Excisional biopsy and abscess drainage were performed with no complications and the patient was started on intravenous (IV) Augmentin. The pathology report revealed, after 4 days of performing the biopsy, the presence of acute and chronic inflammation and necrosis. The biopsy was negative for malignancy and tuberculosis, but positive for actinomyces species.

    Ceftrixone IV was started on a dose of 90 mg/kg/day for a total of 30 days, to be received as an out on pass patient. During that time he was vitally stable and improving symptomatically. It was noticed that an itchy papular rash started to appear at the site of dressing and then involved the right upper limb, which resolved with anti-histamine treatment. The patient was started on oral Amoxicillin 500 mg three times per day for six weeks, with a follow up appointment after three weeks.

    After three weeks of oral Amoxicillin, chest X-ray and

    CT (Figures 5 and 6) were done and showed significant decrease in size and opacity of the previously described actinomycosis of right lung and right chest wall, with a minimal residual pleural effusion and reaction around the involved ribs.

    Discussion Our review (Table 1) consisted of 35 cases of pulmonary actinomycosis in patients aging 18 years and younger, gathered by using the Pubmed database. The first case was in 1958 and the last one in 2013. The average age was 9.5 years, ranging from 27 months to 16 years (17 male,

    Figure 2. Chest radiograph

    Figure 3. Computed tomography (CT) scan with contrast shows lung parenchyma

    Figure 4. Computed tomography (CT) scan that shows periosteal reaction and destruction

    Figure 5. Chest X-ray

    Figure 6. Chest CT with a minimal residual pleural effusion

  • Rawia/Mansour/Ahmed/Abdullah/Abrar

    Curr Pediatr Res 2016 Volume 20 Issue 1 & 2279

    18 female). The most common presenting complaint was the same as the presenting complaint of our case, which was chest wall mass (49%). Then cough and fatigue (43%) followed, although our case did not have either one

    of these symptoms. followed by chest pain (37%) as the third most common manifestation. There were 3 cases that developed active discharge through draining sinus tracts, and only one case with positive history of chest trauma

    Authors Ref/Gender/Age Chest Wall

    Mass Cough Fatigue Chest Pain Weight Loss Pre-Treatment Imaging

    1 Weese WC 2/M/10 - + + + + Not mentioned 2 Weese WC 2/M/5 - - - + - Not mentioned 3 Drake DP 3/F/3 - - - - - Not mentioned 4 Drake DP 3/F/5 - - - - Not mentioned 5 Drake DP 3/M/7 + - - + - Clear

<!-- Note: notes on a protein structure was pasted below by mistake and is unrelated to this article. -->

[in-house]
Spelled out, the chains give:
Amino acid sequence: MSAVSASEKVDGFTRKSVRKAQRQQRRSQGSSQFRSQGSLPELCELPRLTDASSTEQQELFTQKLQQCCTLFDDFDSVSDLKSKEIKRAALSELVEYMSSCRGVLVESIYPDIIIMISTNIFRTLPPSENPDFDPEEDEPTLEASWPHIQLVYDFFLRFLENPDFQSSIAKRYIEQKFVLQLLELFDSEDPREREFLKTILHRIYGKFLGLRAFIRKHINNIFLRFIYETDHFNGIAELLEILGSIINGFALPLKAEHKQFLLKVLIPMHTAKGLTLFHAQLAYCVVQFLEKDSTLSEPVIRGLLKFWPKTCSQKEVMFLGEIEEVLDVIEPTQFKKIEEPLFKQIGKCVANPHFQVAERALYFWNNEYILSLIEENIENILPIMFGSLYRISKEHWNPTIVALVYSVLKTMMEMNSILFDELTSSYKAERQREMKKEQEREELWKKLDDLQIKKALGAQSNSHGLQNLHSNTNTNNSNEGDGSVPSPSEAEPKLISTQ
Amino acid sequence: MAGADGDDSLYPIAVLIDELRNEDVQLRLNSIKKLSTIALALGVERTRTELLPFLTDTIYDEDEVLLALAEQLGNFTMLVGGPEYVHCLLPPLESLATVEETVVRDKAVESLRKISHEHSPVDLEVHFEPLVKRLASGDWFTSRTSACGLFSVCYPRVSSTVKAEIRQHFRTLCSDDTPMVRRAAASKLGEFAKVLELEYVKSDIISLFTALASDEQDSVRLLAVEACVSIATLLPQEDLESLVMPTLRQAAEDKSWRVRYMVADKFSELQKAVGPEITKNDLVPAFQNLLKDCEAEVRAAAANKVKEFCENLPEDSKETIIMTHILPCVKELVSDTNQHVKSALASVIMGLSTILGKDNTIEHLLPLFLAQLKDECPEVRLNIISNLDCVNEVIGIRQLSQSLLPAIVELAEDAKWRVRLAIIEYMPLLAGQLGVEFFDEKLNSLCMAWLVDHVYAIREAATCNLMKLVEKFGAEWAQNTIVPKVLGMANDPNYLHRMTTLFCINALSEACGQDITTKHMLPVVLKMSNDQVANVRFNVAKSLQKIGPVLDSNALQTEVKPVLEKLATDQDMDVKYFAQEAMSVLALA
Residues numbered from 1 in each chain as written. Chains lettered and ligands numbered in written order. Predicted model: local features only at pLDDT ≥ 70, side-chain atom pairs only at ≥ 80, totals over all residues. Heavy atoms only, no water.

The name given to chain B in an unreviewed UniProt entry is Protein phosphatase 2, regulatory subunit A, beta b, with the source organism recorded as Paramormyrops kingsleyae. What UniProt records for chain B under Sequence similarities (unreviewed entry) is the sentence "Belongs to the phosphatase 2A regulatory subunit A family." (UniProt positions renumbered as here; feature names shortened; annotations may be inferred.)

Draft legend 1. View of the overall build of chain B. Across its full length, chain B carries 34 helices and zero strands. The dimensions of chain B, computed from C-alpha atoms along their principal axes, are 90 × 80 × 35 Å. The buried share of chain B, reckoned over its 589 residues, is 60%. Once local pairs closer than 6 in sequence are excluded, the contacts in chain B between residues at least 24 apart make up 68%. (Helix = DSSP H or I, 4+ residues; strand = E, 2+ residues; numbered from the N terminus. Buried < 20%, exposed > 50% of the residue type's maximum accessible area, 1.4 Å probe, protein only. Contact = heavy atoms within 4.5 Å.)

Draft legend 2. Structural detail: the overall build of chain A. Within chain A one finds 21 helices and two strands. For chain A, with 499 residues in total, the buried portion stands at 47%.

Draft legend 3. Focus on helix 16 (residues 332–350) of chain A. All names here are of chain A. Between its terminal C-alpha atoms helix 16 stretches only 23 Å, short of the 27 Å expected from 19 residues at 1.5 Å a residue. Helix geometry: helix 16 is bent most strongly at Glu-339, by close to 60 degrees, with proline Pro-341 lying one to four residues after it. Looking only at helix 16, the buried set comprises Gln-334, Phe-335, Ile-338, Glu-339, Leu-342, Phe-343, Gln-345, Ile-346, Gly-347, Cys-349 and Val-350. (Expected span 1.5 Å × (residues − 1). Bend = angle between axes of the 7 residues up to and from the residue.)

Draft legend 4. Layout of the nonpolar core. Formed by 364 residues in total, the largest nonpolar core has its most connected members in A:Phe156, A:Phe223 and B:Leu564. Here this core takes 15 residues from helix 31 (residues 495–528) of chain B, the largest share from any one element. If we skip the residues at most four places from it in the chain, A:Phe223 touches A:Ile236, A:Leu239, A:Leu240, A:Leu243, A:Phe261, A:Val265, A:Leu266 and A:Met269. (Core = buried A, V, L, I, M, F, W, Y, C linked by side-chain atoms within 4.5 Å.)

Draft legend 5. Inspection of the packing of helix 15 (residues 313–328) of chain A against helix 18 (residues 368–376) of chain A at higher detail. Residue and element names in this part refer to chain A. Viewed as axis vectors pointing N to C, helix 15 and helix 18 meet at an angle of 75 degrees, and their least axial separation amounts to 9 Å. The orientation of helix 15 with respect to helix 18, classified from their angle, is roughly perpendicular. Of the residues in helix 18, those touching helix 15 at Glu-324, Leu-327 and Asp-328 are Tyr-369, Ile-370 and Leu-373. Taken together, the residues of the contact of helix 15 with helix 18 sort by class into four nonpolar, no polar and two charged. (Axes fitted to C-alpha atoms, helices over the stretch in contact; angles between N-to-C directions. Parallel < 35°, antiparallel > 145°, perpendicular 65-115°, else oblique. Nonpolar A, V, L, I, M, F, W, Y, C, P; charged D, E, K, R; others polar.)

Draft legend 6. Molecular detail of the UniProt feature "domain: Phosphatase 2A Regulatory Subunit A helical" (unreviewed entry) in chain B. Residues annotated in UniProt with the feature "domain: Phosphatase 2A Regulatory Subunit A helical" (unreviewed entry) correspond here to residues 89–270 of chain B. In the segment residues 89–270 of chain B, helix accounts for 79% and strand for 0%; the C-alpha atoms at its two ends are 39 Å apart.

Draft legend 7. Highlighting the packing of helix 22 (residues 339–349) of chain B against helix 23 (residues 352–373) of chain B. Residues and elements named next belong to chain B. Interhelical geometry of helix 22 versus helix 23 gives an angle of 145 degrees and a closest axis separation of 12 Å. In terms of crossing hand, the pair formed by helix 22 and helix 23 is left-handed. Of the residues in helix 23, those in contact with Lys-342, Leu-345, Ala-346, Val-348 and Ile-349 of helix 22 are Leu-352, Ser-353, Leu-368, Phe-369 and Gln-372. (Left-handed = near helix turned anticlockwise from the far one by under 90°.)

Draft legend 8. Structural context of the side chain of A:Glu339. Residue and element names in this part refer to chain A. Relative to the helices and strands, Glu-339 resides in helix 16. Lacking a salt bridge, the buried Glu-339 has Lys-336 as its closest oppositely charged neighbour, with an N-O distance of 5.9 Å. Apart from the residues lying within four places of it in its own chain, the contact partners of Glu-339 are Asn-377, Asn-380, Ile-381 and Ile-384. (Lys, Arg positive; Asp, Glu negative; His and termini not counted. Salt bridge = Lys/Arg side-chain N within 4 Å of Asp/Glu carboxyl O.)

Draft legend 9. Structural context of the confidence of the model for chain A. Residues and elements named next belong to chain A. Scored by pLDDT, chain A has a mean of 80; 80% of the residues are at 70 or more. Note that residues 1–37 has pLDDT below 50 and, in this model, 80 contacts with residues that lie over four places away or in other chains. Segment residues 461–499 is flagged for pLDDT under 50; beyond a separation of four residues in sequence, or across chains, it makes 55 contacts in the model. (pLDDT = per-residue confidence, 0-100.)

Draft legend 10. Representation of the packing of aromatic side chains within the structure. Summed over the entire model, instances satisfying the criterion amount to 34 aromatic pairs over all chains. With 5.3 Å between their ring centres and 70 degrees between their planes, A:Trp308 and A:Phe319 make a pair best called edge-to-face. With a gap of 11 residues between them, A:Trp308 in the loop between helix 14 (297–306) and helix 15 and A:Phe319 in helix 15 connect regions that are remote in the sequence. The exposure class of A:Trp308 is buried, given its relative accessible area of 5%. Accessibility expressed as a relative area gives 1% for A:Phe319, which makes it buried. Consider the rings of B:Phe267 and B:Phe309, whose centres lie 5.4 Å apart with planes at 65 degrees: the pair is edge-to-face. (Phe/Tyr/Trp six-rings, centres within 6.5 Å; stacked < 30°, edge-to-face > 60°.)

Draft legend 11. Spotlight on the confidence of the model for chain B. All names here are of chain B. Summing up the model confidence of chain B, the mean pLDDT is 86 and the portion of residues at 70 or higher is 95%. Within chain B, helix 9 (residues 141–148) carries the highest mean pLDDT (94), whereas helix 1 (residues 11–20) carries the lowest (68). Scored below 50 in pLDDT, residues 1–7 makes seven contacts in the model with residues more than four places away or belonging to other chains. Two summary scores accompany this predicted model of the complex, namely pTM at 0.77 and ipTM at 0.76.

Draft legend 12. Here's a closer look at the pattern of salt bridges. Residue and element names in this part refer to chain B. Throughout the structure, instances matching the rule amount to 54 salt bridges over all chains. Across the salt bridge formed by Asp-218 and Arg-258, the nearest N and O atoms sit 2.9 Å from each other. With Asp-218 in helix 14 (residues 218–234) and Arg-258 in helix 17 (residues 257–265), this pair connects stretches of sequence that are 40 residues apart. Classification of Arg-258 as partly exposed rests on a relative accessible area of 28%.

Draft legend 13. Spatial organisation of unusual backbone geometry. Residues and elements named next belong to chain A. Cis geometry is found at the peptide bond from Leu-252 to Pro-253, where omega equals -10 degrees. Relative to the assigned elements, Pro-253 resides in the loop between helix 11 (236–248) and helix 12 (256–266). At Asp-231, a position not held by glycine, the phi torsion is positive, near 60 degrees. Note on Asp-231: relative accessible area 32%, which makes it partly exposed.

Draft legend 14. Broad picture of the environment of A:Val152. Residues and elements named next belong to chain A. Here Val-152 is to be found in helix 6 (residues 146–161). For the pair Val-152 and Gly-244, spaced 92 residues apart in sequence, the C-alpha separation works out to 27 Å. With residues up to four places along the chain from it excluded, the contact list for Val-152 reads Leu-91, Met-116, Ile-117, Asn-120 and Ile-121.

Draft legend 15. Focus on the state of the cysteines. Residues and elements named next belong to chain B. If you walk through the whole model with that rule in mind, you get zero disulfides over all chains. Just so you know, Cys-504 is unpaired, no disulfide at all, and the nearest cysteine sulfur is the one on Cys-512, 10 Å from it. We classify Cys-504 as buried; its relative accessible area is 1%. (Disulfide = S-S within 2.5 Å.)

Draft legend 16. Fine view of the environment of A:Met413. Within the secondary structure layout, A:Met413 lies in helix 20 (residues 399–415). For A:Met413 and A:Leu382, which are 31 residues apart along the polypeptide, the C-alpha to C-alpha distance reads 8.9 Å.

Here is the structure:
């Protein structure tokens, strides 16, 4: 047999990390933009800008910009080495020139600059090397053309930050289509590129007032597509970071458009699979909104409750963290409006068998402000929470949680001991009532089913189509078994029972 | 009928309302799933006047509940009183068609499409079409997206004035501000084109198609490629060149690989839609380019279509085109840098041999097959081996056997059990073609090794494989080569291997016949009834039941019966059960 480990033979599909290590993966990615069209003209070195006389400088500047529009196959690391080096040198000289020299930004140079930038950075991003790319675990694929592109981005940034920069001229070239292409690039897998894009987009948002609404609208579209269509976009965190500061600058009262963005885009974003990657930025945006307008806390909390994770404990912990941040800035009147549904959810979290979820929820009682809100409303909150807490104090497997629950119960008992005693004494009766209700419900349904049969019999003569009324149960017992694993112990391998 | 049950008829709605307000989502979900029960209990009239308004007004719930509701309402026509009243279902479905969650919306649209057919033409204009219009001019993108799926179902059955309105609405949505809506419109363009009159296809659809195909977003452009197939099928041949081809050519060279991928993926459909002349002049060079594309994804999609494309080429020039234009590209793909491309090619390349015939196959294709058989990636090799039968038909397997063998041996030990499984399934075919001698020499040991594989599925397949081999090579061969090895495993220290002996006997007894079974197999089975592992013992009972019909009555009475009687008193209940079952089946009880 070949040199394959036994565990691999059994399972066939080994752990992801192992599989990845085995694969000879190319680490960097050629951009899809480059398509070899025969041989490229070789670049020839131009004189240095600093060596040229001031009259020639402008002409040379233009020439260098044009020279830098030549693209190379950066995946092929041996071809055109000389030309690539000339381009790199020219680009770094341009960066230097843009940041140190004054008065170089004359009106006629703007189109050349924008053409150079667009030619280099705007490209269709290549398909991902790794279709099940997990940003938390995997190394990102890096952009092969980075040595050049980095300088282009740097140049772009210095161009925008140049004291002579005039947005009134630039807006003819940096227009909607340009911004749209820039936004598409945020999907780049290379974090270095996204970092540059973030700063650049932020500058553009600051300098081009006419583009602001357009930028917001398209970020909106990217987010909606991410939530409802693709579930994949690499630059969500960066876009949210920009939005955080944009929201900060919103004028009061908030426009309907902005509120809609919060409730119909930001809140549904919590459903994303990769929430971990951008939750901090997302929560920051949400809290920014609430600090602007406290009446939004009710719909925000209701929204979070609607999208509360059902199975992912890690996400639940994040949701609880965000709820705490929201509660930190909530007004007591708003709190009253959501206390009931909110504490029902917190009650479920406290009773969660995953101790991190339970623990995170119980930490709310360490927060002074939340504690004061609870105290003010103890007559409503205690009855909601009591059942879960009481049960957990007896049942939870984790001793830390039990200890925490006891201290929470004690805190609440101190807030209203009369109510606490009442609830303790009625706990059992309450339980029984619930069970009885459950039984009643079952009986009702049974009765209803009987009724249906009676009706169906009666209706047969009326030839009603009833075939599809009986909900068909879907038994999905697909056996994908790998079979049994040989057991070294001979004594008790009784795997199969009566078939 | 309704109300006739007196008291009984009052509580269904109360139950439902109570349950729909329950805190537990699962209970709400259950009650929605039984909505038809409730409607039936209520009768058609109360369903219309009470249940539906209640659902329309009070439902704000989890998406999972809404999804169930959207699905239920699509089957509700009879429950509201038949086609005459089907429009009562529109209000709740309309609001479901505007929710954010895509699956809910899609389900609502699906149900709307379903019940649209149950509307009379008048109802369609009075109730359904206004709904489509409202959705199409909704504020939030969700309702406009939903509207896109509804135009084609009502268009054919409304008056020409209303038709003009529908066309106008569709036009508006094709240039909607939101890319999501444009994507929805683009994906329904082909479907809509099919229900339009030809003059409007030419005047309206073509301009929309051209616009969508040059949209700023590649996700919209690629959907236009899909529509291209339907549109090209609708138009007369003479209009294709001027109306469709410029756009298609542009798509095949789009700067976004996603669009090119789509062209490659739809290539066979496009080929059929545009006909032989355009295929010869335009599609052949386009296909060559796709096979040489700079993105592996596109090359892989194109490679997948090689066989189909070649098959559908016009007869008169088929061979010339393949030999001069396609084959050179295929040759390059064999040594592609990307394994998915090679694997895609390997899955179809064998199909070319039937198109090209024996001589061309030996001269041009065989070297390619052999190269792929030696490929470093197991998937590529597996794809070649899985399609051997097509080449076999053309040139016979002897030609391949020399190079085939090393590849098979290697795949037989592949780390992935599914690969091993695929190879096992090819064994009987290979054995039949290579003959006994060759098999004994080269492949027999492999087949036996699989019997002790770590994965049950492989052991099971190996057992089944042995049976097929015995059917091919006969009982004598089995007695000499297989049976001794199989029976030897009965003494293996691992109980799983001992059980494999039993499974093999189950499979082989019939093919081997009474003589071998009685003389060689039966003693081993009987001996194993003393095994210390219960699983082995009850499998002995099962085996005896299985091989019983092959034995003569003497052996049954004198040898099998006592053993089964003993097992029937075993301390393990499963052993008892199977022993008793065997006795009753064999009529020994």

6 A.J. Thompson 4/M/15 + - + - + X-ray: consolidation, periostitis of ribs

    7 A.J. Thompson 4/F/11 + - + + - X-ray: consolidation, periostitis of ribs

    8 A.J. Thompson 4/F/7 + - - - - X-ray: collapse, consolidation with a mass

    9 Lowe RN 5/M/14 - + + - - X-ray: pleural thickening,

    bilateral alveolar and interstitial infiltrates

    10 Webb WR 6/F/7 - - + - - X-ray: density. CT: mass,

    periostitis. Bone radiography: rib destruction

    11 Golden N 7/M/14 + + - - -

    X-ray: pleural thickening. CT: infiltration of lung parenchyma, periosteal reaction, soft tissue

    mass. 12 Hsieh MJ 8/F/16 + - - - Not mentioned 13 Hsieh MJ 8/F/8 - + - - - Not mentioned 14 Hsieh MJ 8/M/8 - - - - - Not mentioned 15 Hsieh MJ 8/M/7 + - - + - Not mentioned 16 Hsieh MJ 8/M/8 + - - + - Not mentioned

    17 Denton 3rd AE 9/M/11 + + + - + CT: infiltrate, pleural effusion, periostitis of ribs, chest wall

    mass

    18 MASTERS B 10/F/9 - + + + + X-ray: bilateral collapse,

    consolidation of both lower lobes.

    19 Dobson SR 11/F/10 + - - - - X-ray: consolidation, pleural

    effusion. CT: abscess

    20 Ray MS 12/M/12 - + + - + X-ray: consolidation, periostial new bone formation on ribs.

    21 Hachitanda Y 13/M/11 + - + - - CT: mass involving chest wall and ribs

    22 Wilson DC 14/M/10 + - + + + X-ray: chronic consolidation, pleural effusion, rib periostitis

    23 Snape PS 15/F/10 + + - + +

    X-Ray: pneumonic infiltrate CT: probable inflammatory

    lesion extending through the chest wall

    24 Wu CY 16/F/10 + + - - + X-ray: multiple nodules. CT: variable sized nodules, soft

    tissue mass. 25 Goussard P 17/M/5 - + - - + X-ray: consolidation

    26 Kordes U 18/M/9 - + + - + X-ray: consolidation, pleural effusion.

    Table 1. Pediatric pulmonary actinomycosis cases

  • Pediatric pulmonary actinomycosis: Case report and review of literature.

    Curr Pediatr Res 2016 Volume 20 Issue 1 & 2 280

    as a risk factor for infection [2]. Regarding the laboratory investigations, there were 10 cases that did not mention any lab work. However, the most common laboratory finding was leukocytosis, which occurred in 56% of cases, then elevated erythrocyte sedimentation rate (ESR) in 52%, followed by CRP elevation in 40%. On the other hand, we did not order ESR level in our case, and the WBC count was normal. For the imaging reports, there were nine cases that did not mention any imaging modality report. As for the remaining 26 cases, the most common radiological findings we